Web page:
Fast Facts

Annual inflation at 1.1 percent as education prices fall

The consumers price index (CPI) rose 0.5 percent in the March 2018 quarter, Stats NZ said. The annual inflation rate was 1.1 percent, down from 1.6 percent in the year ended December 2017.

Government-influenced price changes affected the annual figure, with higher cigarette and tobacco prices being countered by cheaper tertiary education.

The annual tobacco tax increase on 1 January 2018 lifted quarterly inflation, with prices up 10 percent.

“The average price for packet of 25 cigarettes was $35.14 in March 2018, compared with $31.68 in December 2017,” prices senior manager Paul Pascoe said.

Higher prices for accommodation services and petrol also contributed to the quarterly CPI rise, but they were slightly offset by seasonal falls for international airfares.

Tertiary education policy takes effect

Prices for tertiary education fell 16 percent in the March 2018 quarter.

This is the first time this series has fallen since 2003; it was due to the introduction of the Government’s fee-free first year policy.

The policy applies for all New Zealand secondary students finishing school from 2017 onwards, and adults who previously studied for less than half a full-time year of tertiary education or industry training.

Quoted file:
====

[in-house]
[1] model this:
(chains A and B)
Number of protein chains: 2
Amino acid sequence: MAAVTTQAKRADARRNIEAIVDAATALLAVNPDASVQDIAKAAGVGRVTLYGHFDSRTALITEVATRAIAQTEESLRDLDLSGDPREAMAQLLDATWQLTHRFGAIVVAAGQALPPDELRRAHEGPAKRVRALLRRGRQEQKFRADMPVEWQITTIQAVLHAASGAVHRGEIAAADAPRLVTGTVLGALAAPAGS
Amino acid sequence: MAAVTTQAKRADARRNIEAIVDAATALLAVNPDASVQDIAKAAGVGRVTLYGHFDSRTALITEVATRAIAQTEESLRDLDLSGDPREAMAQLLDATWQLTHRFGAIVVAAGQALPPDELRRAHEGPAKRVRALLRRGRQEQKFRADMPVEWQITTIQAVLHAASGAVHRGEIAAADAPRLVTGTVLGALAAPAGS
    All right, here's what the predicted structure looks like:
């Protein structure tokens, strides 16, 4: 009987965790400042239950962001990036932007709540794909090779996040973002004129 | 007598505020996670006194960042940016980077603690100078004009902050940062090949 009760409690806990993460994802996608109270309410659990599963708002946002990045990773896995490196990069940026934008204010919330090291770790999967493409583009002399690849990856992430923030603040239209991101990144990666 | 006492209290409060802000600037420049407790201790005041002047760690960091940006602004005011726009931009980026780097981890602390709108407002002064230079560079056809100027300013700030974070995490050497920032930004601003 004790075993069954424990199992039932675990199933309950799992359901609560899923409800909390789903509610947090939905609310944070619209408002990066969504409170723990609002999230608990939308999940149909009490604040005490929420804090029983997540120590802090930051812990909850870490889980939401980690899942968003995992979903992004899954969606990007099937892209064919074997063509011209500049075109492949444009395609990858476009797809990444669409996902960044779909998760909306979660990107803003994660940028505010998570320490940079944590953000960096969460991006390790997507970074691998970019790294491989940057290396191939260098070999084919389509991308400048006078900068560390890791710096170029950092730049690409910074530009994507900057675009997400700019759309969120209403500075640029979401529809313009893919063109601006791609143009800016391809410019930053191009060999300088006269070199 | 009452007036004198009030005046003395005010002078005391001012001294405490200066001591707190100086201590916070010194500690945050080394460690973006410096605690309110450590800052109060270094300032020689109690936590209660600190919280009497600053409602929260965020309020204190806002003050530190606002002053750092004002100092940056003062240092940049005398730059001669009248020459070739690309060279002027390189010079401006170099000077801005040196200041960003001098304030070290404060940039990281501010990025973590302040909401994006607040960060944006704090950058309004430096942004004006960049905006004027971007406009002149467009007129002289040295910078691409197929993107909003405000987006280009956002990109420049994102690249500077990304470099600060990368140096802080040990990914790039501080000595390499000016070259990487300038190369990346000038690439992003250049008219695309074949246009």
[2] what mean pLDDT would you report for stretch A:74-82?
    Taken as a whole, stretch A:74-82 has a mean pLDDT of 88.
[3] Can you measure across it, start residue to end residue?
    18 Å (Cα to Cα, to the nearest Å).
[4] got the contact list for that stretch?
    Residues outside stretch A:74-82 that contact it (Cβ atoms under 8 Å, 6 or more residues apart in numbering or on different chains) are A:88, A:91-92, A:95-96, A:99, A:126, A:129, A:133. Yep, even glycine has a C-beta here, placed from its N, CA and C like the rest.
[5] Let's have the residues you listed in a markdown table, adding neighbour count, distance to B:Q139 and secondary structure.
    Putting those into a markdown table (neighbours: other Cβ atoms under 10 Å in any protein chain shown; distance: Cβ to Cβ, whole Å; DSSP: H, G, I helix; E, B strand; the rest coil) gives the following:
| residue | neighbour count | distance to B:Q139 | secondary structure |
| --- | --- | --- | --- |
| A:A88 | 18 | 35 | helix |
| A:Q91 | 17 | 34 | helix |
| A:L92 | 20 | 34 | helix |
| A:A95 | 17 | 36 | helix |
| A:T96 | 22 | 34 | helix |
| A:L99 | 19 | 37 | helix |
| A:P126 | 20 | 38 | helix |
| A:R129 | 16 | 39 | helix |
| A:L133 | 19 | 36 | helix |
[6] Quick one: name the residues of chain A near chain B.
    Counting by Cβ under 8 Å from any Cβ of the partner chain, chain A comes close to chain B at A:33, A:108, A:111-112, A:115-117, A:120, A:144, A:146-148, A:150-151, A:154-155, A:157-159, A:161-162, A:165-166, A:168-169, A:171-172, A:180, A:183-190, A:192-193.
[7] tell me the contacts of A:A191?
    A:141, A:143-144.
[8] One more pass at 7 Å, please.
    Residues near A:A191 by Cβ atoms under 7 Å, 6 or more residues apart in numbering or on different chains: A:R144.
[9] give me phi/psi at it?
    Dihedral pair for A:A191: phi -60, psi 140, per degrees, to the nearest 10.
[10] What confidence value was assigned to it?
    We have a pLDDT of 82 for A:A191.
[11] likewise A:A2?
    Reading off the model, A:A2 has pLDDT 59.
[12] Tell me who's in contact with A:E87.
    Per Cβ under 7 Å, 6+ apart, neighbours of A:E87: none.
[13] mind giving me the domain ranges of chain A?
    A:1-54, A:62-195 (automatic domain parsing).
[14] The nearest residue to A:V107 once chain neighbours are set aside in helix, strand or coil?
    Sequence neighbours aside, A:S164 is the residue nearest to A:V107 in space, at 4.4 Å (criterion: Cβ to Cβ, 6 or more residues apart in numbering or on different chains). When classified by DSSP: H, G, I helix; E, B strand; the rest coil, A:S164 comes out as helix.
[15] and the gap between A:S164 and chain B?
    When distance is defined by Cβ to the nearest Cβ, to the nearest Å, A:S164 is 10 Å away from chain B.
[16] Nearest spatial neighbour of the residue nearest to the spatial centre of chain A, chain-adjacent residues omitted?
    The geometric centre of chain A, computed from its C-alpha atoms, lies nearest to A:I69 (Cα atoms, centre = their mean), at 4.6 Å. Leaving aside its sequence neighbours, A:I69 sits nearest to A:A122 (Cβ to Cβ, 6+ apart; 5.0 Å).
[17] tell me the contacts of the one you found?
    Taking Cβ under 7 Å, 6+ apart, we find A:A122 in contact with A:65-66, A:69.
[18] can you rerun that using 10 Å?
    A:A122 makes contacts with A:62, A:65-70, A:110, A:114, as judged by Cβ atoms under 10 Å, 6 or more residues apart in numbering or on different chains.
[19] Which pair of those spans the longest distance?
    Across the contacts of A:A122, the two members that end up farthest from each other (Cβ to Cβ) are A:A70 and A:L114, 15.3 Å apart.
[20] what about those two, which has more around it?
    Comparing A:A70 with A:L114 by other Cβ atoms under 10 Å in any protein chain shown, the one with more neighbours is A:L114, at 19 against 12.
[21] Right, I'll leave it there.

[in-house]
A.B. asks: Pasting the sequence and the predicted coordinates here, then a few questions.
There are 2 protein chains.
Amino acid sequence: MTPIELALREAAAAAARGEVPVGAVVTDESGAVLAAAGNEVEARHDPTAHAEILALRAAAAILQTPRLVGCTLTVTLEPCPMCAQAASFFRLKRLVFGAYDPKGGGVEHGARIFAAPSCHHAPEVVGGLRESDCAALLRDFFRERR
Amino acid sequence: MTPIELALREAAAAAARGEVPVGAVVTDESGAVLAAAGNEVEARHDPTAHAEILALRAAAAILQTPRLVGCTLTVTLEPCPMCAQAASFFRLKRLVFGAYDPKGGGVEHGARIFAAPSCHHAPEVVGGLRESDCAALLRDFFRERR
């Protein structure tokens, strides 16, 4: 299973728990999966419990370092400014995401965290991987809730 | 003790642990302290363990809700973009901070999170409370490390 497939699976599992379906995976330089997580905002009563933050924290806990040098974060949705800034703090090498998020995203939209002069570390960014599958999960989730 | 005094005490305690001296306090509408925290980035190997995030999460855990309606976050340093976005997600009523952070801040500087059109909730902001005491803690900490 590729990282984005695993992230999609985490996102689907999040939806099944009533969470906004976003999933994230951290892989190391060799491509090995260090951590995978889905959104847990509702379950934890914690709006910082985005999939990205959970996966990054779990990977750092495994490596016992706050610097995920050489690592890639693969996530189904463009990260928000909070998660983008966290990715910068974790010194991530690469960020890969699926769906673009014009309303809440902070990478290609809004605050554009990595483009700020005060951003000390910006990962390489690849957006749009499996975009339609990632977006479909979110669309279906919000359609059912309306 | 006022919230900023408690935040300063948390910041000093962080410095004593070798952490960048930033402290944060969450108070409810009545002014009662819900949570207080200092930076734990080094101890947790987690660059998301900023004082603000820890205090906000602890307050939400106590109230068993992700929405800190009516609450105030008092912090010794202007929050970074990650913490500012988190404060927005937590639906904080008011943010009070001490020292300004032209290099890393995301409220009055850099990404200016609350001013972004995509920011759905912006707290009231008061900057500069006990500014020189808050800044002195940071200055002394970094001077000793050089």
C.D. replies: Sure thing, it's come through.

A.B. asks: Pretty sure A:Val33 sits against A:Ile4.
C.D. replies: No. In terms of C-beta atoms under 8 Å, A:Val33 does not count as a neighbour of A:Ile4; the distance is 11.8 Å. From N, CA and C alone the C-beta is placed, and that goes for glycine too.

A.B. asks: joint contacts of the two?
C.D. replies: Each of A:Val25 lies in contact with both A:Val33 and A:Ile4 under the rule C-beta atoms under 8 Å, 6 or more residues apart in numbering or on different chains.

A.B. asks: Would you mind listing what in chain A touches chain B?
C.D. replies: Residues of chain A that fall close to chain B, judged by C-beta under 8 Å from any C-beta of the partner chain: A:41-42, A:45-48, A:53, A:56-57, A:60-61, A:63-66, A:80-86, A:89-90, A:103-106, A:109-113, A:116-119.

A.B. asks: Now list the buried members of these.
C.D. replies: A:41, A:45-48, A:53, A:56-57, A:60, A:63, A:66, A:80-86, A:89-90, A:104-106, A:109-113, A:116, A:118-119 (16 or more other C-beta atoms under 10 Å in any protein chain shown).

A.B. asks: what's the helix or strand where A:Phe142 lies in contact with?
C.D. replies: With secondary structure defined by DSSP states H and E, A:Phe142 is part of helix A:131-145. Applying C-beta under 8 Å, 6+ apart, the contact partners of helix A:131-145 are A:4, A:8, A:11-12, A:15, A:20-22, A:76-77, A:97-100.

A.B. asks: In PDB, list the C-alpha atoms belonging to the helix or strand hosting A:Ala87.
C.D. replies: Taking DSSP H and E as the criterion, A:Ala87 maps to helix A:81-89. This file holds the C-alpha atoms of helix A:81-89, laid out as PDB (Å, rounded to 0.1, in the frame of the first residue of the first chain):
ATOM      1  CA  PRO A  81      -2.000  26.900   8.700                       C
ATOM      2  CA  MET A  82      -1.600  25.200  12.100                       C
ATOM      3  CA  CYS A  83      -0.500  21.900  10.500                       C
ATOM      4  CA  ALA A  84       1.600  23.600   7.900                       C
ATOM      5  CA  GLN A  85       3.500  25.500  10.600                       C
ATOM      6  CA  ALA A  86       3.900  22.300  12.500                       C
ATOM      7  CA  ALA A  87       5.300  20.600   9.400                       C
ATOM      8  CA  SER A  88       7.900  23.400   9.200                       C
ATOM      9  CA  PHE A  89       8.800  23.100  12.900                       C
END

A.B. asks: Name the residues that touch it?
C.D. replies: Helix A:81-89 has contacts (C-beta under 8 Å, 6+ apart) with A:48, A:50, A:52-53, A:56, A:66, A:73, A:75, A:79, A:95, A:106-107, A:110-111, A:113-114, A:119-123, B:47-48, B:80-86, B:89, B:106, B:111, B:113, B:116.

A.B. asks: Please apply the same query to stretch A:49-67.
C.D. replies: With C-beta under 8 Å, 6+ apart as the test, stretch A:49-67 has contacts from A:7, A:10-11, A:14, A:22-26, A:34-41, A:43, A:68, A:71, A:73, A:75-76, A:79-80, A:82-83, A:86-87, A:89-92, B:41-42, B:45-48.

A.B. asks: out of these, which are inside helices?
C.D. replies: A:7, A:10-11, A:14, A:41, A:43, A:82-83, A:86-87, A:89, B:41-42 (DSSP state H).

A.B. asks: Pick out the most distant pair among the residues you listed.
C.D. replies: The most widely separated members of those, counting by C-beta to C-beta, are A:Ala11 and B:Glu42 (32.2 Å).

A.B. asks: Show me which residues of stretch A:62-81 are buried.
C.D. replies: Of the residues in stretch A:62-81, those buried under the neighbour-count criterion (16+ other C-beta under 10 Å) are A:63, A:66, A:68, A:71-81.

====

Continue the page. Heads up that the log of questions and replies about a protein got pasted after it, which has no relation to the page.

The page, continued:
Housing-related costs lead annual inflation

Housing and household utility prices increased 3.1 percent in the March 2018 year, led by construction and rents.

Construction prices increased 4.7 percent in the year, and 0.4 percent in the quarter. This was the smallest quarterly rise since the March 2011 quarter.

“Rising building prices in Auckland and Wellington have begun to slow. Both were up 0.3 percent in the latest quarter,” Mr Pascoe said. “For Auckland, this is the smallest rise since December 2012.”

Construction in Canterbury fell 1.1 percent in the March 2018 quarter as the market continued to cool.

Housing rentals increased 2.1 percent in the March 2018 year. Regionally, Wellington rents increased 4.2 percent, while Auckland increased 2.5 percent and Canterbury rents decreased 1.5 percent.

“Wellington rents were up 1.8 percent in the March 2018 quarter, while nationally they rose just 0.6 percent,” Mr Pascoe said.

“The average quarterly rent rise reflects many tenants not having an increase, as well as those facing higher costs.”

Nationally, around 80 percent of properties surveyed had no price change in the March 2018 quarter.

Source: Stats NZ

Most Popular

Newsletter Signup

To Top